Pompano Beach Airpark
|Pompano Beach Airpark|
|Owner||City of Pompano Beach|
|Location||Pompano Beach, Florida, U.S.|
|Elevation AMSL||19 ft / 6 m|
Pompano Beach Airpark (IATA: PPM, ICAO: KPMP, FAA LID: PMP) is a public airport located one mile (1.6 km) northeast of the central business district of Pompano Beach, in Broward County, Florida, United States. This airport is publicly owned by City of Pompano Beach.
This airport is assigned a three-letter location identifier of PMP by the Federal Aviation Administration, but the International Air Transport Association (IATA) airport code is PPM (the IATA assigned PMP to Pimaga in Papua New Guinea). The International Civil Aviation Organization (ICAO) airport code is KPMP.
Pompano Beach Airport was constructed during World War II as an outlying field (OLF) for Naval Air Station Fort Lauderdale, what is now the Fort Lauderdale-Hollywood International Airport. On August 29, 1947, the City of Pompano Beach obtained the Airport under the Surplus Property Act of 1944 and renamed it Pompano Beach Air Park, due to its intent to limit the airport's usage to general aviation. For the same reason, the City shortened Runway 15–33 from its original length of 5,000 feet (1,500 m) to its current length of 4,418 feet (1,347 m) in 1971.
Additional lands surrounding the Air Park, including land along Copans Road and the Florida East Coast Railway tracks to the west of the Air Park, were transferred to the City on June 24, 1948, bringing the total acreage at the Air Park to 1,035 acres (4.19 km2). On August 5, 1958, 10 acres (40,000 m2) of Air Park property were released to the Broward County School Board for the construction of Pompano Beach Elementary School. The County received 9 more acres on September 18, 1967. On March 8, 1958, the City sold 60 acres (240,000 m2), located in the northeast corner of the Air Park Property, for development of the Pompano Square Mall. The final transfer of Air Park property occurred in 1981 when 10 acres (40,000 m2) in the southwestern section of the Air Park Property were purchased by the Pompano Elks Club. These transfers account for the current total 946 acres (3.83 km2) of the Air Park.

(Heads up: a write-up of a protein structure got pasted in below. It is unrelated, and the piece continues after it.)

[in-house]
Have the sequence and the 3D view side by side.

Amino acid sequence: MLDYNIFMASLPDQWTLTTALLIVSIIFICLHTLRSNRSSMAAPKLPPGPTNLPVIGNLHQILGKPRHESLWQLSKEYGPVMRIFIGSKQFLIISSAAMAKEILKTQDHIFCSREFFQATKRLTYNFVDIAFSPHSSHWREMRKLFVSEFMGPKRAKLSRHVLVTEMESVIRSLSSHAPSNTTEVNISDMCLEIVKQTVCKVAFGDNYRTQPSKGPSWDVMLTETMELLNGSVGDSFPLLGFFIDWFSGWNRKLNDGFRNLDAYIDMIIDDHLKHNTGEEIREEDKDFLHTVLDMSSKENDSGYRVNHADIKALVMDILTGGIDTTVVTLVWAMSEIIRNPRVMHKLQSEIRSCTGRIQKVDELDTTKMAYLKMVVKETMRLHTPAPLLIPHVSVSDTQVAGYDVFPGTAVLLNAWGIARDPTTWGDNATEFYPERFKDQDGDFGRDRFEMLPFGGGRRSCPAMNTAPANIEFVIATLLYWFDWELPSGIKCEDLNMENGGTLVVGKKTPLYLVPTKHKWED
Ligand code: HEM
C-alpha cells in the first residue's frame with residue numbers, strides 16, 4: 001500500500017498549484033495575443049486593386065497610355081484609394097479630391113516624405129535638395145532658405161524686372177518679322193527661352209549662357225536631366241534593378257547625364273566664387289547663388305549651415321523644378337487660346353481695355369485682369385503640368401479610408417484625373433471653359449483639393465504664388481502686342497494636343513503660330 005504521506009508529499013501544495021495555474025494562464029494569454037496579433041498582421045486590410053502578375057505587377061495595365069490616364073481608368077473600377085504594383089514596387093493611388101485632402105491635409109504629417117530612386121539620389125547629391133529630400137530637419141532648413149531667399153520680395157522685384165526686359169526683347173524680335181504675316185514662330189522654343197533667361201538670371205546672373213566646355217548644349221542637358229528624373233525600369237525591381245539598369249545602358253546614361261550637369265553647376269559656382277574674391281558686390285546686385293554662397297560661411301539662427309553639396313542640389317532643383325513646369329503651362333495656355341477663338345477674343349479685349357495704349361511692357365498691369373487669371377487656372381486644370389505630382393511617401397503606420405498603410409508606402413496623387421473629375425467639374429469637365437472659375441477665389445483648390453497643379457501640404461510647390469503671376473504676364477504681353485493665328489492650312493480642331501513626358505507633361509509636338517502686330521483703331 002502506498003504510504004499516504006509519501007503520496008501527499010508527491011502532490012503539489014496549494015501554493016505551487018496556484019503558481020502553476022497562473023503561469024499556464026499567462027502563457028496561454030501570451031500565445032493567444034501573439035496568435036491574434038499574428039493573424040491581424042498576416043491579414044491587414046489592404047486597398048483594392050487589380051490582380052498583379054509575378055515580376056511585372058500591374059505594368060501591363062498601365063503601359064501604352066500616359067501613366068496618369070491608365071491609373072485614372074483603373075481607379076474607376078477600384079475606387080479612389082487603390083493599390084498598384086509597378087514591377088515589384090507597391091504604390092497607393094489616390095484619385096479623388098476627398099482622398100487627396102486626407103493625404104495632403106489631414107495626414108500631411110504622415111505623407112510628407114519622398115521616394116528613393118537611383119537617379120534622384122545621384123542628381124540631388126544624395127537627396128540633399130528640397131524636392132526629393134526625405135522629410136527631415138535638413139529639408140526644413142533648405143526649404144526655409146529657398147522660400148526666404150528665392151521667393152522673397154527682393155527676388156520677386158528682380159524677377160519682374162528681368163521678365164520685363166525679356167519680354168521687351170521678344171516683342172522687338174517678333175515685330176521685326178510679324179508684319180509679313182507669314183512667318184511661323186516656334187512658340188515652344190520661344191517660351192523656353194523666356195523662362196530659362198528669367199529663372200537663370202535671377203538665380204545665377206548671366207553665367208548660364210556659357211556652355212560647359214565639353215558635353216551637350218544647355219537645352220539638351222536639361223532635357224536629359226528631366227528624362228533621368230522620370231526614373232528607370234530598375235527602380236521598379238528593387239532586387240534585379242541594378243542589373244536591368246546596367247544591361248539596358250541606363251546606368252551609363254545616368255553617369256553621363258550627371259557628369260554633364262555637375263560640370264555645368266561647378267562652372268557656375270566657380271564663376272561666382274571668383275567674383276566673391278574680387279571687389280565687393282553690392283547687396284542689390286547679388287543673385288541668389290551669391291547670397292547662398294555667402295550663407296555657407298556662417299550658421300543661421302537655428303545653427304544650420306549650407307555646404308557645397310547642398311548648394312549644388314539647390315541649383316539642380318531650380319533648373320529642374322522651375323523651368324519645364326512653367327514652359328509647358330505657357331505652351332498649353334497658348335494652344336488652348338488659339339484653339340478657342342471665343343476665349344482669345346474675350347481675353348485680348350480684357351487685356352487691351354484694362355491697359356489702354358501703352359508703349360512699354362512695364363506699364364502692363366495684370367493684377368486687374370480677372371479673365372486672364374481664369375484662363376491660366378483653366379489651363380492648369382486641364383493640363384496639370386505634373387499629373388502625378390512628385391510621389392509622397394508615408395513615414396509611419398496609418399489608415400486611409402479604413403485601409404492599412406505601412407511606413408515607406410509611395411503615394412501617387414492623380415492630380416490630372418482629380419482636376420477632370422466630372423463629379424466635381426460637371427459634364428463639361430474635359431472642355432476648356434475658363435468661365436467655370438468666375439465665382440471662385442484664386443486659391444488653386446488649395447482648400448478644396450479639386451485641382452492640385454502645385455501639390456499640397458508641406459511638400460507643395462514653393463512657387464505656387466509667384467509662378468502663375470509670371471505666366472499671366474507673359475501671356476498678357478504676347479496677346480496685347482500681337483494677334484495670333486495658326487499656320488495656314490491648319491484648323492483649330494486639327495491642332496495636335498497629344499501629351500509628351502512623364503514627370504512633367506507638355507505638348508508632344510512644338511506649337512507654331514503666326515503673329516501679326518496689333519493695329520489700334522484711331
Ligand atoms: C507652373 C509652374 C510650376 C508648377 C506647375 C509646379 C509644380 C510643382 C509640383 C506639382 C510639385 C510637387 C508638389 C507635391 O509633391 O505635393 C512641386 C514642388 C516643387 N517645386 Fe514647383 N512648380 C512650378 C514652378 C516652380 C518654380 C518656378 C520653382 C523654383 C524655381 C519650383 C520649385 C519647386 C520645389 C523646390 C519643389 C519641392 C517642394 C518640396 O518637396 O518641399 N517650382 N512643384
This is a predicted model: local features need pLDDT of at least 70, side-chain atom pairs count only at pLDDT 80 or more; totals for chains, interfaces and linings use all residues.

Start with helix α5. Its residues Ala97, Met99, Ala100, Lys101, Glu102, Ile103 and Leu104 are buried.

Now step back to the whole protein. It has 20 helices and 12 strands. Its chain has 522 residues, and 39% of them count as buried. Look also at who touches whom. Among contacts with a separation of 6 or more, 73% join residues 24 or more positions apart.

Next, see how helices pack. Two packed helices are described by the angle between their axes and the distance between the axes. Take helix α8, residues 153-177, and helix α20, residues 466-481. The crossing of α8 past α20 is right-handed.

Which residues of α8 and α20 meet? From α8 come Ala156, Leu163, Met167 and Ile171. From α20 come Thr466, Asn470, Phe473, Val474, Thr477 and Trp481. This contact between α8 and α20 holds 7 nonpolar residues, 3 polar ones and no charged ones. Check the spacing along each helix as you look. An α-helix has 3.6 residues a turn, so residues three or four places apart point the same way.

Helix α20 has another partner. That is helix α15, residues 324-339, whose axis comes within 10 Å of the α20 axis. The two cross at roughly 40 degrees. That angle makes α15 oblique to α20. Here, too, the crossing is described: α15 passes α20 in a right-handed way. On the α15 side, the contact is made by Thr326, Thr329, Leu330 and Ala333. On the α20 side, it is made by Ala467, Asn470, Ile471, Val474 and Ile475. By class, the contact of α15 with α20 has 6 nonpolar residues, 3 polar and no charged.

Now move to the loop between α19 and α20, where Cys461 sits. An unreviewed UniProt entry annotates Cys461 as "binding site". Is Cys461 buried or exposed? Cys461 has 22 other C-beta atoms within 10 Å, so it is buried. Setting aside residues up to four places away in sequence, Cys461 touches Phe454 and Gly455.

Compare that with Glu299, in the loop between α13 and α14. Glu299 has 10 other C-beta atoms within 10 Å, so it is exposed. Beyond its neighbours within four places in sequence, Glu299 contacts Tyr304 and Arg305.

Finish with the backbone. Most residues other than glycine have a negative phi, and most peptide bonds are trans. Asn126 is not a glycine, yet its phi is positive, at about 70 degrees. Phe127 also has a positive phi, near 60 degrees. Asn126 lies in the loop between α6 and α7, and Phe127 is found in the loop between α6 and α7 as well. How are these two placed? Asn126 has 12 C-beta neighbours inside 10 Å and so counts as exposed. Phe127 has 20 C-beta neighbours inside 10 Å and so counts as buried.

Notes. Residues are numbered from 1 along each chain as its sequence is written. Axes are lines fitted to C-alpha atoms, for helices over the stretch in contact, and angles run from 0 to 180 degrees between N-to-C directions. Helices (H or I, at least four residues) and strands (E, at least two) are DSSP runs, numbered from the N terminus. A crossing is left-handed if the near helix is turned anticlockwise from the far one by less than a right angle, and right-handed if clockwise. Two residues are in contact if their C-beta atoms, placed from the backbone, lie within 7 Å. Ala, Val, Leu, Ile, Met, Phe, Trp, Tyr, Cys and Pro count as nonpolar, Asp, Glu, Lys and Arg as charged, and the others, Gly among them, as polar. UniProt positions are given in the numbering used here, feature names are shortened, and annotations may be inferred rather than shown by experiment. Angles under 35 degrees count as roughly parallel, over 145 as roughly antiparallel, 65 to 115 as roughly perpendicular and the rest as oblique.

Pompano Beach Air Park is owned by the City of Pompano Beach. The Air Park is a Surplus Property Act airport, with the Surplus Property Act of 1944 states that any lands conveyed under the act must be used for aviation purposes or ownership reverts to the FAA. The FAA can, however, release excess portions of the property for non-aviation purposes, and any proceeds from the sale of excess property must be used to support airport growth and development under the stipulations of the Surplus Property Act.
Facilities and aircraft
- Runway 6/24: 4,001 ft × 150 ft (1,220 m × 46 m), Surface: Asphalt
- Runway 10/28: 3,502 ft × 100 ft (1,067 m × 30 m), Surface: Asphalt
- Runway 15/33: 4,918 ft × 150 ft (1,499 m × 46 m), Surface: Asphalt
The airport also has an operational air traffic control tower under the FAA Contract Tower Program.
For 12-month period ending July 15, 1999 the airport had 169,722 aircraft operations, an average of 464 per day: 99% general aviation (169,506), <1% air taxi (136) and <1% military (80). There are 158 aircraft based at this airport: 79% single engine (125), 8% multi engine (12), 3% jet aircraft (4) and 11% helicopters (17).
The Goodyear Blimp Spirit of Innovation is based out of Pompano Beach Airpark.
Fixed Based Operators
- Orange Wings Aviation Academy
- Florida Aviation Academy
- Learn to Fly Center
- American Flyers
- FAA Airport Master Record for PMP ( PDF), retrieved March 15, 2007
- "Airline and Airport Code Search". International Air Transport Association (IATA). Retrieved November 15, 2016.
- "Pompano Beach Airpark (IATA: PPM, ICAO: KPMP, FAA: PMP)". Great Circle Mapper. Retrieved November 15, 2016.
- "Pimaga Airport, Papua New Guinea (IATA: PMP)". Aviation Safety Network. Retrieved November 15, 2016.
- Pompano Beach Airpark
- Resources for this airport:
- (PDF), effective September 14, 2017
- FAA Terminal Procedures for PMP, effective September 14, 2017